(Note on my calculations: the general rule for Hollywood films is that total costs are double the production budget, including marketing. Profit margins below include estimated marketing costs; box office and budgets come from Box Office Mojo and The Numbers. .)

So what accounts for this epic failure of films that feature “whitewashing” and “cosmetic racism” (e.g., yellow face, brown face, and black face)? There are several reasons why these films tend to fail.

The first explanation is the simplest: Audiences are increasingly rejecting whitewashed films. In the age of social media, race-related controversy tends to generate a widespread viral response. A quick analysis shows that in the two weeks preceding ghost in the shell, there were almost 35,000 posts on the subject of “whitening” on social networks, generating more than 680,000 reposts and replies; these posts were five times more likely to attack the phenomenon than to defend it. Paramount admits that the negative buzz helped shape critical opinion of the film, and potential ticket buyers were unquestionably driven away as a result.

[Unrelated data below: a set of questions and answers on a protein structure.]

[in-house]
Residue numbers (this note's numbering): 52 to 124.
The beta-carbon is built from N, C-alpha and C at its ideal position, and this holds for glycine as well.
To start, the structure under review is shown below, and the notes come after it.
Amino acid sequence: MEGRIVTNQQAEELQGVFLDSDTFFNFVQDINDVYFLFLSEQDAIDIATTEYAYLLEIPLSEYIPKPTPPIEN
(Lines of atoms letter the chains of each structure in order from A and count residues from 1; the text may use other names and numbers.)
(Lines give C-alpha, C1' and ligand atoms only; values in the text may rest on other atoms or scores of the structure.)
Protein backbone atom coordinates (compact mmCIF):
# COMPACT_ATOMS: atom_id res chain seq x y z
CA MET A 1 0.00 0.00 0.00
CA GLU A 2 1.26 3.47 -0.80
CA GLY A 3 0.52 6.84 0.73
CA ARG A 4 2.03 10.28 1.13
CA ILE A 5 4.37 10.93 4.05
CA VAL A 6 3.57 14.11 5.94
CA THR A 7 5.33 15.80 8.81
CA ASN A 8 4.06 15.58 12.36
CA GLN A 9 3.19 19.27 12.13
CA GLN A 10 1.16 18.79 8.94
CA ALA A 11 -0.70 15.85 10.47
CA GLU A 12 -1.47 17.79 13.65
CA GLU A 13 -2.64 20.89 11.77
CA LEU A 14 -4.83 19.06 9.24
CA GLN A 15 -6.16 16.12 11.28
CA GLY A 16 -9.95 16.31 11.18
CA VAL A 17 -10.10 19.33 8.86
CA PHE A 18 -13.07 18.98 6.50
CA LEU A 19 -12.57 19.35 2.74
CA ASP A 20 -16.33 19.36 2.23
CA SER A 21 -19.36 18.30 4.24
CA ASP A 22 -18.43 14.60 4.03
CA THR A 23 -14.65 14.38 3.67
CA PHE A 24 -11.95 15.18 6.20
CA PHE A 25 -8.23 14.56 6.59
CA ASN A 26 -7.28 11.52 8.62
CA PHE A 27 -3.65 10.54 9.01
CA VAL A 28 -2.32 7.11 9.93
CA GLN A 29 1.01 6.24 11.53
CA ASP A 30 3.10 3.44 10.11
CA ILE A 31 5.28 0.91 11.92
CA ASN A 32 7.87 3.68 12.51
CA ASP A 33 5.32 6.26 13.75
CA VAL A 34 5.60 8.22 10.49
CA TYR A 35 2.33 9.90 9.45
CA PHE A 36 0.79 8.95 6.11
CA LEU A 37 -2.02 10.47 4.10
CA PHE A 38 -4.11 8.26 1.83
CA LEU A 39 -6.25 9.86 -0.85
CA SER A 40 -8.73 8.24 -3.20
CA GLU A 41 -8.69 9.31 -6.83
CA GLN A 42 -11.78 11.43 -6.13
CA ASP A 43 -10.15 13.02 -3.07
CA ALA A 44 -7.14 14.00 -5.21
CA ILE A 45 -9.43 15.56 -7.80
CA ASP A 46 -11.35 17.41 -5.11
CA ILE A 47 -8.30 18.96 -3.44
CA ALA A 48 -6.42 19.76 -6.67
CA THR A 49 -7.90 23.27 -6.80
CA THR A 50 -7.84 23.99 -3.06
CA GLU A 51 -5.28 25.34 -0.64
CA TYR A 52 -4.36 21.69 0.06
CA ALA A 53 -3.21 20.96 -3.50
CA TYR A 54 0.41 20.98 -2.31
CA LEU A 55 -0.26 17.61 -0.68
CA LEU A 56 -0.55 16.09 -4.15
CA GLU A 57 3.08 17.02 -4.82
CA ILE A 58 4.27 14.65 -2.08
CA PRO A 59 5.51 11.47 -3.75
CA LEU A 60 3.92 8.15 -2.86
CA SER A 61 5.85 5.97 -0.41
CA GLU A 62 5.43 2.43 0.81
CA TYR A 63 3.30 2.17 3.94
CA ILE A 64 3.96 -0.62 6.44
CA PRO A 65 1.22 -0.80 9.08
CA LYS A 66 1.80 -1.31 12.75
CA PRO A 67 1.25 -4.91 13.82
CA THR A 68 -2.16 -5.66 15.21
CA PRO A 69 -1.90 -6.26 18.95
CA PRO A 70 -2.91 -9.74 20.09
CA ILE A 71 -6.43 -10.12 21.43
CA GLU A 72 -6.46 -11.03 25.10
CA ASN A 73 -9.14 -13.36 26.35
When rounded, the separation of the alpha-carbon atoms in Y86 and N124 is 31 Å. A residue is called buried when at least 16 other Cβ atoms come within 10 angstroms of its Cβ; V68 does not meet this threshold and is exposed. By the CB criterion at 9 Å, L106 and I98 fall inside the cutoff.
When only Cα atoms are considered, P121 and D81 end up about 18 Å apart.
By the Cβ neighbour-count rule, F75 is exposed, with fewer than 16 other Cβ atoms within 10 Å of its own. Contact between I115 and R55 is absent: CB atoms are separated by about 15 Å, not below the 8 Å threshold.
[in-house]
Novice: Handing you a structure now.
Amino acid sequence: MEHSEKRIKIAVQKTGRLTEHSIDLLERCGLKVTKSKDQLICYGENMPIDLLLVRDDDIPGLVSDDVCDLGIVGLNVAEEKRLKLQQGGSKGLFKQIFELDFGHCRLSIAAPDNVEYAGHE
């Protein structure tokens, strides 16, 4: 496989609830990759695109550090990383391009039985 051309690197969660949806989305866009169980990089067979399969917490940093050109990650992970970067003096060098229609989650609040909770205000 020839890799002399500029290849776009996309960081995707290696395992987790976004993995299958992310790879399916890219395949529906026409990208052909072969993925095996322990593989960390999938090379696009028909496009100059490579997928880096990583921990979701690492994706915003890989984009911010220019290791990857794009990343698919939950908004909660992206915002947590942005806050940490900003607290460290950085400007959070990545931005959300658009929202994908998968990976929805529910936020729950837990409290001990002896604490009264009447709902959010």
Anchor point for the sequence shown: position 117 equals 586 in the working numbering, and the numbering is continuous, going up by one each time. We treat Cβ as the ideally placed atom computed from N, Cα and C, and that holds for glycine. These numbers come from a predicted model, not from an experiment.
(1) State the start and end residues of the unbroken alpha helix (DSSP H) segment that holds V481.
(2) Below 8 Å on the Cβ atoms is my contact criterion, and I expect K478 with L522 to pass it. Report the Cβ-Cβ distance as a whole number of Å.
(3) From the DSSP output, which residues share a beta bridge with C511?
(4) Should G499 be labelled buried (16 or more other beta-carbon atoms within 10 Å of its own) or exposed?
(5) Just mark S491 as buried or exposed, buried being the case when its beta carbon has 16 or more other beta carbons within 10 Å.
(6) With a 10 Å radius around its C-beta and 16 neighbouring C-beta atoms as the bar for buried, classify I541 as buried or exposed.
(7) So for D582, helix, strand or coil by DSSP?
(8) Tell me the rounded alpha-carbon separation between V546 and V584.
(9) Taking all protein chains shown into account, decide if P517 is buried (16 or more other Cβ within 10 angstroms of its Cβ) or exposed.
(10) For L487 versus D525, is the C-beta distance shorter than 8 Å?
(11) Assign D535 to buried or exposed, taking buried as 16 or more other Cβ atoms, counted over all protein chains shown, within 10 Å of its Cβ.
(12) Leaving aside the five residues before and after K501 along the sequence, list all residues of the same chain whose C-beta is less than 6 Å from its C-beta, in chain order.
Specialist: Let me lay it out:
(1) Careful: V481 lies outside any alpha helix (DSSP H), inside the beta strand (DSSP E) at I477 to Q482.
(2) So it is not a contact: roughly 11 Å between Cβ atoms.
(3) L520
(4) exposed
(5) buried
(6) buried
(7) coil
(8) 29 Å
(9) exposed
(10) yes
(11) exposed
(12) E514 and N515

Then there is the fact that Casting white actors in non-white roles presents significant narrative challenges. Some films offer dubious vanities in order to make minority roles suitable for white actors. ghost in the shellThe strange plot twist reveals that “Major Mira Killian” is the brain of runaway Japanese teenager Motoko Kusanagi, planted in a Caucasian robot shell. Others simply refuse to explain racial asynchrony – as in 2015 Aloha did in the cast of Emma Stone as “Allison Ng” in part Chinese and last year strange doctor made with Tilda Swinton. Still others use prosthetics and makeup in an effort to change the features of white performers, invariably with horrific results. Joel Gray’s yellowish, elvish appearance as martial arts master Chiun in the 1986 action film Remo Williams is the fuel for nightmares (Grey was nominated for a Golden Globe for the role!). And the least said about Hugo Weaving and Jim Sturgess’ Spock-from-Hell yellowface appearance in 2012 cloud atlas, the best. This dissonance comes at a cost, making it harder for audiences to suspend disbelief and derailing the authenticity of the cinematic narrative.